So, I moved to LA.
It was a long planning process, leaving my heart and mind so much time to be back and forth between doubt and certainty. In the meantime, my California-experienced boyfriend was sure to fill me in on what to expect and what will most likely surprise me.
The following is a list of what my predisposition of LA consisted of:
- People are rude
- People are really rude
- People drive like maniacs
- Traffic sucks
- Going to the bar is like taking out a small loan
- Everyone is in a gang
- There are drugs and heroin needles lining the curbs
- You will never see the sky again
Now, ask me, "why after all of those things would I decide to move here?"
The following is a list of why I moved to LA from Nebraska:
- It's not snowing
So, now that I've lived here for a whopping two weeks, the following is a list of what I've really experienced:
- People have been really nice - I think my devout certainty of rude people is being over compensated for people actually being humans, and not assholes.
- People drive like maniacs - This is still fairly true. Some people are nuts. I was honked at 12 times the first week I was here. My middle finger has had a lot of use.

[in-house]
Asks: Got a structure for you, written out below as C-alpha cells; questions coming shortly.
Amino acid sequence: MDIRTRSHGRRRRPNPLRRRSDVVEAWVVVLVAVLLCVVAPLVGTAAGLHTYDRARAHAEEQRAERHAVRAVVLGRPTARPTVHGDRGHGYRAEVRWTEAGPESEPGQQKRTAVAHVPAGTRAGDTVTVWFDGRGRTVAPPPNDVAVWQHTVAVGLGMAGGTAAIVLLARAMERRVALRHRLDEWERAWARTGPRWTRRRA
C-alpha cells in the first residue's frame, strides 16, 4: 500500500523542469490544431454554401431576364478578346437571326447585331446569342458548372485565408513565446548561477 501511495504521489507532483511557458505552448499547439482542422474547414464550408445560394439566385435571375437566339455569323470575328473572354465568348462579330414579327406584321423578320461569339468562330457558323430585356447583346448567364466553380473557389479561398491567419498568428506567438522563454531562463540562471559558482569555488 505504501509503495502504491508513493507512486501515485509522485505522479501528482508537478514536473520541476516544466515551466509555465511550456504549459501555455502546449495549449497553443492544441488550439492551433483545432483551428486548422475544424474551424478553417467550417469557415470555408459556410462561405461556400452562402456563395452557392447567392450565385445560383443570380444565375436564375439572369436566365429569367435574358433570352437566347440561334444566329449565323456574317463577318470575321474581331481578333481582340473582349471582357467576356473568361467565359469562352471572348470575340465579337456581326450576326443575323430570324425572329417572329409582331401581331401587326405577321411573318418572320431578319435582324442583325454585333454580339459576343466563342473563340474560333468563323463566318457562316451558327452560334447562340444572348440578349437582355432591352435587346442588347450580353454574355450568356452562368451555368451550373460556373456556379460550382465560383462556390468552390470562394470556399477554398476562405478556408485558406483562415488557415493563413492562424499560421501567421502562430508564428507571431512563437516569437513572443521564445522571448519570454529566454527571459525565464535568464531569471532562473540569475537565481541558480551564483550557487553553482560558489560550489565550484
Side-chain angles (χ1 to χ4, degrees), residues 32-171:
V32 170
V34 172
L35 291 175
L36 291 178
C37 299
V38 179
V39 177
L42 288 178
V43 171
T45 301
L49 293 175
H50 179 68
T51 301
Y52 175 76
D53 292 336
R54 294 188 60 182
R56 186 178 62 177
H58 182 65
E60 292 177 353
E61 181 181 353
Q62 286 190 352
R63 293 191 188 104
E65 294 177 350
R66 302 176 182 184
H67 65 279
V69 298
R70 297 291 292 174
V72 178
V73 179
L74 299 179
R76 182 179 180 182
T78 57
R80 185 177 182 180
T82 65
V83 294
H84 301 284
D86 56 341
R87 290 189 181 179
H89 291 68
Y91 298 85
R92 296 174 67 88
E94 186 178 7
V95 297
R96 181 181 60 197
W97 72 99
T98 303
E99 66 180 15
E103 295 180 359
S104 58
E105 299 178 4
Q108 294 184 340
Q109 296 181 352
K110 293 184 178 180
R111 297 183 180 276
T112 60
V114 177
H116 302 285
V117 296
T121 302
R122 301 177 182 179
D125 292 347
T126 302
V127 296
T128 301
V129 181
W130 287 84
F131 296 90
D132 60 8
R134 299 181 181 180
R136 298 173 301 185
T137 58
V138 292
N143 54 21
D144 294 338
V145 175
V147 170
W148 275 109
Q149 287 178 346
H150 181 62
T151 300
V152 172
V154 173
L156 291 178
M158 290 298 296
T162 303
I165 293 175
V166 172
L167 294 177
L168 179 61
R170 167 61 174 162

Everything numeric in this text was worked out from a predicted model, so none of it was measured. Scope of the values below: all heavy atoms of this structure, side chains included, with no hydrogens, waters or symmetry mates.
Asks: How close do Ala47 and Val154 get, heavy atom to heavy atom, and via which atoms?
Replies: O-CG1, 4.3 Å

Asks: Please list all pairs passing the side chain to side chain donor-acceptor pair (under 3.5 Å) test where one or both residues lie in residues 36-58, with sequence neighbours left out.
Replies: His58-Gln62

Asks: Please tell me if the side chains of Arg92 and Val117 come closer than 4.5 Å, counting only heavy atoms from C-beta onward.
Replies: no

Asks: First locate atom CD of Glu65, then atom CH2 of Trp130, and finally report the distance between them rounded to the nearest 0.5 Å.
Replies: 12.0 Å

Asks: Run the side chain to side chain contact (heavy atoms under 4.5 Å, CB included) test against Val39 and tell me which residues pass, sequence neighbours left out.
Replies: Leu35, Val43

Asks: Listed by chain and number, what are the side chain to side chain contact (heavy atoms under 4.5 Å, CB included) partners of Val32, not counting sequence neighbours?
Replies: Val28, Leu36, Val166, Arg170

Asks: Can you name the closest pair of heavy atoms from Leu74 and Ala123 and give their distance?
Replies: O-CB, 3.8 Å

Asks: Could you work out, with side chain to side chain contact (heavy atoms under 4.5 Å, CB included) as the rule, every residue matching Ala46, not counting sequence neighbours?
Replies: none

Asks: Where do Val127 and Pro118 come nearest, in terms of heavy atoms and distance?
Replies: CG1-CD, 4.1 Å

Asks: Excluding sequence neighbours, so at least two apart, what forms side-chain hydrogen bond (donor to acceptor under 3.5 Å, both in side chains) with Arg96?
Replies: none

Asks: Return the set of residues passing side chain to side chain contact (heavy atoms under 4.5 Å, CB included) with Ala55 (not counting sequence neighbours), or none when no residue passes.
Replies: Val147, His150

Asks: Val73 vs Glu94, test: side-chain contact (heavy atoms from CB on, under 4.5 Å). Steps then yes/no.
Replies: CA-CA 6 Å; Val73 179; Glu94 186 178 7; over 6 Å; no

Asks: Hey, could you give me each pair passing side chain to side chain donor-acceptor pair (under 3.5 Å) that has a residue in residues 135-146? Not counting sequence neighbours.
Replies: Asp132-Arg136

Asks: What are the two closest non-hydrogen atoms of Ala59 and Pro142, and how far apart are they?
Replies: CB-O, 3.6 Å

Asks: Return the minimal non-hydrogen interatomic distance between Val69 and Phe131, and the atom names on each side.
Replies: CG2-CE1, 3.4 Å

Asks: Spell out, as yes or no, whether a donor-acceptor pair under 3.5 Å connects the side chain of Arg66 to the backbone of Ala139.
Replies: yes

- Traffic sucks - This is absolutely still totally true. It takes me a little over an hour to drive to work. I looked it up on google maps and was disappointed to find it's 22.4 miles away from my house.
- If you find the right bars, you can still get cheap drinks - Thank Christ.
- Not everyone is a Blood or a Crip - It took me 23 years to realize it was crip and not crypt. Although given the choice, blue is my favorite color.
- I haven't stepped on any heroin needles - We went to the beach and my roommate stepped on a bee. That's about as close as we got.
- I can see the stars on my patio - Smog is a problem here, but I'm far enough out of downtown LA, I actually get to enjoy the sky, so, booyah.
All in all, I was pretty much wrong. Turns out, this place is pretty f'in great.
Thanks for soundin' down.
A catechism ( //; Ancient Greek: κατηχισμός from kata = "down" + echein = "to sound", literally "to sound down" (into the ears), is a summary or exposition of doctrine, traditionally used inChristian religious teaching from New Testament times to the present. Catechisms are doctrinal manuals often in the form of questions followed by answers to be memorized, a format that has been used in non-religious or secular contexts as well.